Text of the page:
Note added July 27, 2011. This was my original post about Started early, took my dog. Near the end I mention that birthmark. This resulted in various theories being discussed in the Comments at the end of the post. And – July 12 2011 – I’d just re-read Started Early and posted what I think are some conclusions along with a few other thoughts
I was surprised to find, in the book I’m currently reading (‘Hitler’s private library’, of which more another day), ‘Mein Kampf’ described as “Dickensian”, because that is precisely the adjective that invariably springs to mind (or mine at least) when considering the novels of Kate Atkinson. Along with the varied cast of quirky individuals all with their own tales and the tangled web of the plots, we get the moral outrage more usually associated with Charles Dickens and the deep cynicism about the way the world (especially the modern world) works, but also, a broad compassion for the good people who must live in it. And this one’s plot revolves around adoptions and orphanages for good Dickensian measure. The prose is less convoluted but loses nothing for that.
‘Started early, took my dog‘ (Doubleday, 2010) starts off with, in separate incidents, the bad treatment in a public place – a shopping mall – of a child and a dog; both are rescued in spontaneous acts of practical charity. A woman buys the child, which is a big part of the book, while the dog is rescued by Jackson Brodie, the sort-of private eye making his fourth appearance in this sequence of novels. There are unpleasant crimes at the heart of ‘Started early‘ but the book covers so much more. Brodie is dossing around the ruined abbeys of Yorkshire while vaguely pursuing an enquiry which involves taking in events in swinging ’60s London and mid-70s Leeds at the time of the Ripper.
Jackson Brodie is one of the great literary creations of the era and you get an entertaining retelling of his back story that just makes me want to visit the previous books all over again, but new readers can start in on the sequence here with safety. Currently unattached, what emerges is a penchant for women whose names begin with J; a first wife, Josie, a second, Julia, who functions as a caustically affectionate significant other in his head, and a Sat-nav called Jane. This J connection isn’t spelt out but it’s the sort of fun Kate Atkinson has. The delicious tangents she characteristically spins off on are still in full working order – here’s a small but perfectly formed example; Jackson has been catching up on literature:
“What he discovered was the great novels of the world were about three things – death, money and sex. Occasionally a whale.”
I guess you either love it or look the other way. A spotty youth, “looked like he had been swimming in a very small gene pool.” A policeman’s wife, “was always rigged out ready for an impromptu invitation to lunch with the queen.” Fish and chips are “Northern soul food.” You can quote one-liners endlessly. Here’s another one, much in tenor with the overall mood of the book:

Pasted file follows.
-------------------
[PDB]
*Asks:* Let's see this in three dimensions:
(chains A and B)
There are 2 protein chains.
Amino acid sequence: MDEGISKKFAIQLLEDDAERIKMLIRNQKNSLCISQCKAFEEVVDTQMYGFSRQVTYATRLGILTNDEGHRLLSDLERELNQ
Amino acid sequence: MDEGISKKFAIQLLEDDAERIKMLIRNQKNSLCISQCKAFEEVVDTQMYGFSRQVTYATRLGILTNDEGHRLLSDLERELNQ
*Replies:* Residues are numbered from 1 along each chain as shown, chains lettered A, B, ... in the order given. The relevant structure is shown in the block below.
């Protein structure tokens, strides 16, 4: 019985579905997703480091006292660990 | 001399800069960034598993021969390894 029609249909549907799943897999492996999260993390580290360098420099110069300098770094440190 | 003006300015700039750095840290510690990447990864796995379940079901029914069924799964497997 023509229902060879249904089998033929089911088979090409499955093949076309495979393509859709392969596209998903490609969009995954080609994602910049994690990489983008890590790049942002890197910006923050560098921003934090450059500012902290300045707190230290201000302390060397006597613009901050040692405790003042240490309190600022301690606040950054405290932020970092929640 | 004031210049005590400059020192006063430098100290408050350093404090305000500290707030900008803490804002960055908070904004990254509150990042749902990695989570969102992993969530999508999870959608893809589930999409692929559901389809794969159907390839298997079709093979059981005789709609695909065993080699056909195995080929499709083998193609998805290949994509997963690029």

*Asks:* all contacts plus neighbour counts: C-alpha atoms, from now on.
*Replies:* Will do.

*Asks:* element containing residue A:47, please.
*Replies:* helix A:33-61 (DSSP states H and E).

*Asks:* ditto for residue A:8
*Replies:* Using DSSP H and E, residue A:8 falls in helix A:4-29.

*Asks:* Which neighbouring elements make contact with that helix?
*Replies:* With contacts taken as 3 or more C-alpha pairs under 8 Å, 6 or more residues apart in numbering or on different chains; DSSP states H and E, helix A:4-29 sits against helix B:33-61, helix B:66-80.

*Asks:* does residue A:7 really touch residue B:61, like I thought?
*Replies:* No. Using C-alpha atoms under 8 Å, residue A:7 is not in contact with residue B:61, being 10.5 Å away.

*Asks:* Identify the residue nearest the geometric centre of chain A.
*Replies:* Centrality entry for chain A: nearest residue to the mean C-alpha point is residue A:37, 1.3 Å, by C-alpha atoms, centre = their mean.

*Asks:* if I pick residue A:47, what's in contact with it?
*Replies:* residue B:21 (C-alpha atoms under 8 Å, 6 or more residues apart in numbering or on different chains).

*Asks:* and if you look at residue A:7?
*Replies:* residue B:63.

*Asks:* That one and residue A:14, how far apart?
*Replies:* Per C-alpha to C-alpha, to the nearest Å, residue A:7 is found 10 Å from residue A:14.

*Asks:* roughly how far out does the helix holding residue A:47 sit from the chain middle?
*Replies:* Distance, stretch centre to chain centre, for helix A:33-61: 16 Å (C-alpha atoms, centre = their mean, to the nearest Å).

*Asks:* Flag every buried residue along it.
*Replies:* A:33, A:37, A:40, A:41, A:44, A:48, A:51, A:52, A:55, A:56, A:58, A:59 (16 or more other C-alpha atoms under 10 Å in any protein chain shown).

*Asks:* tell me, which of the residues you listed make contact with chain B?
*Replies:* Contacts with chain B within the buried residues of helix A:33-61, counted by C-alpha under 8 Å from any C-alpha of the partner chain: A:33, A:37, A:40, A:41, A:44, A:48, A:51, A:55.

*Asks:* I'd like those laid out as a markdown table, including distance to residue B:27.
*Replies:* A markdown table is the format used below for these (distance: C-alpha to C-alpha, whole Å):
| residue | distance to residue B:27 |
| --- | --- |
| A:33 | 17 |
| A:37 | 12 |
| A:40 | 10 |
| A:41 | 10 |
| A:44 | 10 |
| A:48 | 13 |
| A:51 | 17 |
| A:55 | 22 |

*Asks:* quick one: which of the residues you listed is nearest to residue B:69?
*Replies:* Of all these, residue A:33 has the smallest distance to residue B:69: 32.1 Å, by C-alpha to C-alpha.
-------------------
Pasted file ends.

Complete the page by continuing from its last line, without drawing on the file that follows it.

“More and more these days he had noticed he felt like a visitor from another planet. or the past. Sometimes Jackson thought that the past wasn’t just another country, it was a lost continent somewhere at the bottom of an unknown ocean.”
Hey, but we keep on keeping on. At a certain stage near the end he puts a Mary Gauthier CD into his car stereo. It’s not a song I knew and nothing is quoted save the title, ‘Mercy now’ but I felt compelled to seek it out:
“We hang in the balance
Dangle ‘tween hell and hallowed ground
Every single one of us
Could use some mercy now”
There’s a beautiful,sad and terrible twist of an ending to one of the minor character’s tales – it would be a spoiler to say any more. It’s a tremendous, lovely book. I should have savoured it more, read it at such a pace that I’m not sure if everything is resolved. Like who the child rescued in the shopping mall actually is. I’ve told others I know will read it to keep an eye open for a birthmark the shape of Africa. And it really is time I read some Emily Dickinson, who gets the last word.
(As mentioned at the top of this post, there is more discussion of Courtney and her birthmark in the Comments at the end of this post. And – July 12 2011 – after re-reading Started Early I have posted what I think are some conclusions along with a few other thoughts).
A final thought: Kate is undoubtedly ‘one of us’. Who are we? Among many things we are the people who wonder why they never switch the lights on in TV crime thrillers:
“Tracy put the light on. No one ever switched the light on […] in TV crime thrillers. For the atmosphere, Tracy supposed. She could live without atmosphere.”
And at a complete tangent, atmosphere enough when I went to newly promoted to the Football League Stevenage‘s new ground in the company of a couple of avowed groundhoppers on Saturday. I was the one of the 3,431 crowd watching a one-all draw ‘twixt Stevenage and Crewe Alexandra, which the Alex should have won. The home fans already give a well-developed and spirited musical performance from the terraces – a good atmosphere. Bizarrely, because of a late-diagnosed clash of kits, Crewe had to play in Stevenage’s all yellow away kit; Alex fans not long in working up a chant of “Yell-Ows”. But the outstanding memory will be of 16 year old Nick Powell‘s coming on as sub 2/3rds of the way through. Another from the famed Dario Gradi academy, suddenly a metaphorical sun came out from the behind the clouds of endeavour on the pitch – grey in the first half, brightening somewhat in the second – speed, trickery, energy and wit way above anything else seen on the pitch all match. They couldn’t live with him (even his own team mates at times not seeing what he saw) and he was fouled relentlessly, just got up and carried on. Phew! I can safely say that a couple of you will have read that name here first!